PSALM cuts debt by Php40B in 2020

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Government-owned Power Sector Assets and Liabilities Management Corporation (PSALM) said that it was able to reduce its debts in 2020, while cutting interest rates and improving collections.

In a statement, PSALM reported to the Department of Finance that it reduced its principal financial obligations by Php40.1 billion to Php381.9 billion at the end of last year from Php422 billion at the start of 2020. The reduction is roughly four times PSALM’s Php10.2 billion target.

“PSALM adjusted its currency mix by borrowing in peso while paying foreign currency obligations, thereby, lowering the ratio of foreign currency obligations and mitigating foreign exchange risks,” the statement read.

It likewise paid all interests and borrowing costs that matured last year totaling Php11.6 billion.

PSALM was also able to cut the average interest rate of its borrowings from an average of 5.07% per annum in 2019 to 4.17% per annum in 2020.

The agency also reported that it has collected deferred privatization proceeds amounting to Php38.7 billion, which composed of payments from Independent Power Producer Administrators and from the concession payments from the transmission business.

“PSALM was able to achieve a collection efficiency rate of 93.94% for power sales equivalent to Php12.895 billion from its power customers,” the statement continued.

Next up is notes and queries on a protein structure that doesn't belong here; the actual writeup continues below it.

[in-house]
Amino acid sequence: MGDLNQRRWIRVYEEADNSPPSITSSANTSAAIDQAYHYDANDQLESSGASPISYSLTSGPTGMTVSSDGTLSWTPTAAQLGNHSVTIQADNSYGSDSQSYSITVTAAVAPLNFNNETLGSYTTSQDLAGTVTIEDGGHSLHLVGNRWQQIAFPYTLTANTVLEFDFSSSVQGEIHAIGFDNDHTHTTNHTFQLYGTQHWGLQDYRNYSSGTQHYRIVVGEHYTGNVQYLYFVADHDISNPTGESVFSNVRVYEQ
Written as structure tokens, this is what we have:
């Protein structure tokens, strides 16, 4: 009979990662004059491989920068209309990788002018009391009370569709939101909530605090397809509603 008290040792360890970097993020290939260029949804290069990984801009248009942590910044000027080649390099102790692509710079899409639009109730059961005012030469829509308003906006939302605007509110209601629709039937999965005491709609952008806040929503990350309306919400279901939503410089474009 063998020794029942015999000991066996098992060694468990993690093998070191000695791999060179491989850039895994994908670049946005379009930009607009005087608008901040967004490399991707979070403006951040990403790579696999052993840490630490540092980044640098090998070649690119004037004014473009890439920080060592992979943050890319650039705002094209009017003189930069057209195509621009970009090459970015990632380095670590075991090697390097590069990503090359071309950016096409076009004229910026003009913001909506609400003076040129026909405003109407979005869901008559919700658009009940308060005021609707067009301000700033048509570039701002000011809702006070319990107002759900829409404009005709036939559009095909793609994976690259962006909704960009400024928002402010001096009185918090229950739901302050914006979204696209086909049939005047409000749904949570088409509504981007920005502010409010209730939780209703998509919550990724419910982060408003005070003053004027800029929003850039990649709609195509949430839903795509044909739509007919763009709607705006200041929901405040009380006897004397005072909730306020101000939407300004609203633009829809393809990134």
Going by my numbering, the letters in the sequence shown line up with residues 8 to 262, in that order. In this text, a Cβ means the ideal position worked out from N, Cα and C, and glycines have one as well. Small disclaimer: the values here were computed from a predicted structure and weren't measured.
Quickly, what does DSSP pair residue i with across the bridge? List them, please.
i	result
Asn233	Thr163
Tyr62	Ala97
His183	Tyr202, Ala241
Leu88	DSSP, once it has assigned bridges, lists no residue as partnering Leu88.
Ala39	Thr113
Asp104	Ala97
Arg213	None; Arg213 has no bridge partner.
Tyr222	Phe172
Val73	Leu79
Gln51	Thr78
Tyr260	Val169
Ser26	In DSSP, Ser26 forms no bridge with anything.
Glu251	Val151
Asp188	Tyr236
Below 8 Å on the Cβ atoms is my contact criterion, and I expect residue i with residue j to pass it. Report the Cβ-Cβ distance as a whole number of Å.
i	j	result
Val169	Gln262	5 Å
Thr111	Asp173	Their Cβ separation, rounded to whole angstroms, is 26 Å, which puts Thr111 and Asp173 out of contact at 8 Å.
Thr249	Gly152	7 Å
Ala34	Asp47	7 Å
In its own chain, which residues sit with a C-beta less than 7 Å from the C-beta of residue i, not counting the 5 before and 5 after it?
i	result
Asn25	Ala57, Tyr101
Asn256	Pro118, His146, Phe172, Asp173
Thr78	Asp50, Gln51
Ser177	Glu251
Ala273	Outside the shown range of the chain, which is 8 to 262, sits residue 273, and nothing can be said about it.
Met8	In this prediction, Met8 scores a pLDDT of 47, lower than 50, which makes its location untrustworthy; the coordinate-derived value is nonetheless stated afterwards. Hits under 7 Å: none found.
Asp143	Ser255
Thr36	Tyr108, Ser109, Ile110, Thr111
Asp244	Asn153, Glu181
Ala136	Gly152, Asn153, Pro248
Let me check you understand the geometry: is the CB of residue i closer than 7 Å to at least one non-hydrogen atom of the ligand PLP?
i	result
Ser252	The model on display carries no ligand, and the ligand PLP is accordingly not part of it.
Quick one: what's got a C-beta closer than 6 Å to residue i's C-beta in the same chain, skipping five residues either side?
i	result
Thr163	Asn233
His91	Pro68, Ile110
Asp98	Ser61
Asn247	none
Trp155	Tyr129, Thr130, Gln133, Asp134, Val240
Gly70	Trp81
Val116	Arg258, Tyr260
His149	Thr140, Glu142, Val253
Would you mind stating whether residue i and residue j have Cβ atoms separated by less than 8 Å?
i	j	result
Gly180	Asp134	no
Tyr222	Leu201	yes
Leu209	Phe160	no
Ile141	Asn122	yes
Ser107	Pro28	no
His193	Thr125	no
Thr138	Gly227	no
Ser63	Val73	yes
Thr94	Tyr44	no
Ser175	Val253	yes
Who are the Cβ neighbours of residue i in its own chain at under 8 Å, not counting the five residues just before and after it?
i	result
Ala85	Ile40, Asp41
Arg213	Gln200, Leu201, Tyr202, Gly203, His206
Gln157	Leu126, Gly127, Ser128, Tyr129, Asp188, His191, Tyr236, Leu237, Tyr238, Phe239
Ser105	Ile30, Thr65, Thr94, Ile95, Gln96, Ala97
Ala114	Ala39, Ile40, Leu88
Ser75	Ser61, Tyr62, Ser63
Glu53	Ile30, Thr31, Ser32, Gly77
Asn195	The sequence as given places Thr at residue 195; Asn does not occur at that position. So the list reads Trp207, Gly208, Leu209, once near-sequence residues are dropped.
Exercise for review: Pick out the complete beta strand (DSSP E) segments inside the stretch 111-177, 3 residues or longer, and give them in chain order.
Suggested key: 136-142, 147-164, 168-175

The state-owned firm was also able to collect Php2.61 billion from overdue and delinquent accounts of power customers, which were absorbed from the National Power Corporation.

A total of Php16.7 billion in Universal Charges were also collected, achieving a 98% collection efficiency. It also hit 100% in disbursement efficiency from UC-Missionary Electrification Charge and the renewable energy developers, disbursing a total of Php3.55 billion.

PSALM disposed ten real estate assets for Php51.7 million, which includes the sale of its properties in Bohol and Cagayan in early December. It also raised another P26.5 million from retiring equipment and selling its scrap materials.

The government-owned firm is awaiting the completion of the Asian Development Bank’s study on the privatization options for the Caliraya-Botocan-Kalayaan and Casecnan hydroelectric power plants, so it can proceed with the planned sale this year.

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